During the election season, I speculated Trump was a big government Republican, and he confirmed my analysis this past February when he acquiesced to an orgy of new spending and agreed to bust the spending caps.
Well, Senate Republicans recently had a chance to atone for their sins by voting for a proposal from Rand Paul to balance the budget.
So what did they do? Rejected it, of course.
In a column for Reason, Eric Boehm justly condemns Republicans for being big spenders.
The Senate on Thursday resoundingly rejected the Kentucky Republican’s plan to balance the federal budget by 2023, voting 76 to 21 against a bill that would have required a $400 billion cut in federal spending next year, followed by 1 percent spending increases for the rest of the next decade. …Paul’s proposal never really had a chance of passing, coming as it did just months after Congress approved enormous spending hikes that busted Obama-era caps once championed by Republicans as necessary for fiscal restraint. …Paul’s plan would have balanced the budget by 2023, as long as revenue met current CBO projections. By 2028, his proposal envisioned a $700 billion surplus instead of the $1.5 trillion deficit currently projected by the CBO.
A Lifezette column by Brendan Kirby was even more critical of big-government Republicans.
Sen. Rand Paul (R-Ky.) was hoping his Republican colleagues would be embarrassed by their vote to jack up federal spending earlier this year and support his plan to phase in a balanced budget. Few were. Paul got 20 other Republican senators on Thursday — less than half of the Senate GOP caucus — to vote for his “penny plan,” which would balance the federal budget over five years… No Democrats back the proposal. …Even though Paul’s bid failed, it did pick up the support of some senators who voted for the spending bill in February, including Senate Majority Whip John Cornyn (R-Texas). The others were Sens. Marco Rubio (R-Fla.), John Barrasso (R-Wyo.), Joni Ernst (R-Iowa), Deb Fischer (R-Neb.) and Jerry Moran (R-Kan.). …Paul also got more votes than he did for a similar proposal last year.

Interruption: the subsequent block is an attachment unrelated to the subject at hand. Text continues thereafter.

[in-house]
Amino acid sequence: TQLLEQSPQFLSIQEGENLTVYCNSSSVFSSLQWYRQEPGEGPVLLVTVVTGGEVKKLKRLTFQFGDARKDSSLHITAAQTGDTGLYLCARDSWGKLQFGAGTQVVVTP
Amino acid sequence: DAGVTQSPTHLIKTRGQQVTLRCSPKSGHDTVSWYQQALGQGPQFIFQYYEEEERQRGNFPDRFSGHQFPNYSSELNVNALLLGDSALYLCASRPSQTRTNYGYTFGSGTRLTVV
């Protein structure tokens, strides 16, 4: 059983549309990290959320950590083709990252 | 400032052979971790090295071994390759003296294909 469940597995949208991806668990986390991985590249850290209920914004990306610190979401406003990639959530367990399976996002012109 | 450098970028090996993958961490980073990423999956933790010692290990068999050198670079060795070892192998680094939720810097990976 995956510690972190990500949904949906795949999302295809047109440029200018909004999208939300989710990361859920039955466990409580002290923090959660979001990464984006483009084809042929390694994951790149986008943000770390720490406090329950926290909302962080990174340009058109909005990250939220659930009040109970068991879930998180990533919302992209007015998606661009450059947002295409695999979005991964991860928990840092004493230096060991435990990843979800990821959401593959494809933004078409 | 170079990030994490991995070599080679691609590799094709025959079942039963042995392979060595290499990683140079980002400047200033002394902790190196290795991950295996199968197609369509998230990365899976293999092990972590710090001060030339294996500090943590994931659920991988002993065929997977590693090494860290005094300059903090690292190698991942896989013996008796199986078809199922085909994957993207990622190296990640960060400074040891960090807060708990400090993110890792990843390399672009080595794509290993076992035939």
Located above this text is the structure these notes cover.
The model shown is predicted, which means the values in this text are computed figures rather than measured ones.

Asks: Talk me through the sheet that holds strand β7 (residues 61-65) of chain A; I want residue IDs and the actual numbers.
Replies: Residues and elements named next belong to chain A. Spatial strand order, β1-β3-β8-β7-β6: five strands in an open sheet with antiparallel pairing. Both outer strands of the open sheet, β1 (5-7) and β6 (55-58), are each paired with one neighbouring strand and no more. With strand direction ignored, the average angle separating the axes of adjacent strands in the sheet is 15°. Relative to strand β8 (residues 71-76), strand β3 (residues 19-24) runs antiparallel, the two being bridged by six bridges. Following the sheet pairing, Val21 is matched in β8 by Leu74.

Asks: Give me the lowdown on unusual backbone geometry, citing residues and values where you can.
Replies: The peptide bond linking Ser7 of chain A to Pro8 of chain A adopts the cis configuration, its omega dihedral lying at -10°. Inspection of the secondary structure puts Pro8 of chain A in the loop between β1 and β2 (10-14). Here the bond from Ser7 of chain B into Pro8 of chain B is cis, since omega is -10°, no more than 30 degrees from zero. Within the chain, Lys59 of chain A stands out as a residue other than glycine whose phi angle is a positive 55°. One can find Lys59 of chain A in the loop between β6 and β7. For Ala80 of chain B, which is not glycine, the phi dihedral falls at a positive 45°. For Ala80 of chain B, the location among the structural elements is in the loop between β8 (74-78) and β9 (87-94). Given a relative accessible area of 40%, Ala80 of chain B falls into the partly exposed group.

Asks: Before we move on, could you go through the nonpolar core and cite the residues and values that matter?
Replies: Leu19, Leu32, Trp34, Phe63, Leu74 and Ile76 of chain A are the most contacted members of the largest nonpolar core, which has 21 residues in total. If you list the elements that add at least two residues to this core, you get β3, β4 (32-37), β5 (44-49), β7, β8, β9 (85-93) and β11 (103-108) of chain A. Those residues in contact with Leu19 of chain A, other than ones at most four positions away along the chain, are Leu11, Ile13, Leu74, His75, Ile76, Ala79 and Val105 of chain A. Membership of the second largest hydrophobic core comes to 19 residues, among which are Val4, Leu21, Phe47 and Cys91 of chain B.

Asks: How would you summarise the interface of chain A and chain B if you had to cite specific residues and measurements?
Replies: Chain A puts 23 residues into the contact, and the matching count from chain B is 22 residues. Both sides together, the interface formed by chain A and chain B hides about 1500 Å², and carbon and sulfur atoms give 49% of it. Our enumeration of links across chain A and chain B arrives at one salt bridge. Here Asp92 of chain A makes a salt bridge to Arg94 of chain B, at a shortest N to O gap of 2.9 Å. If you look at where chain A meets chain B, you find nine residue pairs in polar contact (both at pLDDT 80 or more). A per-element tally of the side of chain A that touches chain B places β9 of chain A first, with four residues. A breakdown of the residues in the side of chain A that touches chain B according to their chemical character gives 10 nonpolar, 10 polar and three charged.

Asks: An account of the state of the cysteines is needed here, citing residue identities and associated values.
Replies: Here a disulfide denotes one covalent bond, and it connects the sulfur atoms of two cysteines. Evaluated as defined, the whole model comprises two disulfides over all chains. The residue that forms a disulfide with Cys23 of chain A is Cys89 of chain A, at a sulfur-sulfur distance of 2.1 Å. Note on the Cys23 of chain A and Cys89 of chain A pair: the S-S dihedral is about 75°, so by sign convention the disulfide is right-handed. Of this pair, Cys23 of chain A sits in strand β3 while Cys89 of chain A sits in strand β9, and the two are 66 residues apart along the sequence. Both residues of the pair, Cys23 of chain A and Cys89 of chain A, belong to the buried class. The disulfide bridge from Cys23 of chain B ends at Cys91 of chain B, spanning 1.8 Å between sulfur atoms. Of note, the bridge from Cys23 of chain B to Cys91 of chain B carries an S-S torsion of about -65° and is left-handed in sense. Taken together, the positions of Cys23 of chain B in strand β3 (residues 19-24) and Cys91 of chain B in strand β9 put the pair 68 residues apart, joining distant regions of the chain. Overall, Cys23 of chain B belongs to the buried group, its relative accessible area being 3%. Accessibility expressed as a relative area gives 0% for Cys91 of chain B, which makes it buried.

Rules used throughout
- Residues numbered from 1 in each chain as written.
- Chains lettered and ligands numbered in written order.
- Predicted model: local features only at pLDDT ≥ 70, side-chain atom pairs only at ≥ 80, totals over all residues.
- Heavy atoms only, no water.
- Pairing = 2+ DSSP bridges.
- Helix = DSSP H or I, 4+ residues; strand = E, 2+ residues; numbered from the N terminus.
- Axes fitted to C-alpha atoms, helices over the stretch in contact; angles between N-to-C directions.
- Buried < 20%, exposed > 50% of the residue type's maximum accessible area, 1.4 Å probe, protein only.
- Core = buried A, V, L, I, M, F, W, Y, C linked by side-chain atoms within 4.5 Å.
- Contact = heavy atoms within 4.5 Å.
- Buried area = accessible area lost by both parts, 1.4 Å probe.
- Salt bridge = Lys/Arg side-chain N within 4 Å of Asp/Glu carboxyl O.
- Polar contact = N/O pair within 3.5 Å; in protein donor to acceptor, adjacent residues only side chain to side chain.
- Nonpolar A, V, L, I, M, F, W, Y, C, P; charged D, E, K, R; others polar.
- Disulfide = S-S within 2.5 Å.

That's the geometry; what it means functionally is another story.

Kirby’s article ended on an upbeat note based on voting patterns.
I also want to close on an upbeat note, but for an entirely different reason. Here are the annual numbers from the CBO baseline (what will happen to spending and revenue if government continues on its current path) and the numbers for Senator Paul’s proposal.
And why do these depressing numbers leave me with a feeling of optimism?
For the simple reason that they show how simple it is to make progress with some modest spending restraint. The lower set of number show that Senator Paul quickly gets to a balanced budget by imposing an overall reduction of about 2 percent on spending in 2019, followed by annual increases of about 1 percent until 2025.
And what’s especially remarkable is that solving our fiscal problems is still quite feasible notwithstanding the reckless spending bill that was recently approved (Paul’s proposal, incidentally, leaves in place the small – and temporary – tax cut from the recent reform legislation).
P.S. Senator Paul would achieve a balanced budget in just five years by letting spending grow during that period by a bit less than 4/10ths of 1 percent per year. Does that sound impossibly radical? Well, it’s what Republicans managed to achieve during the heyday of the Tea Party revolution, when they actually produced a five-year nominal spending freeze. In other words, zero spending growth! If they could impose that level of discipline with Obama in the White House, why not do the same with Trump (who quasi-endorsed the Penny Plan) at the other end of Pennsylvania Avenue?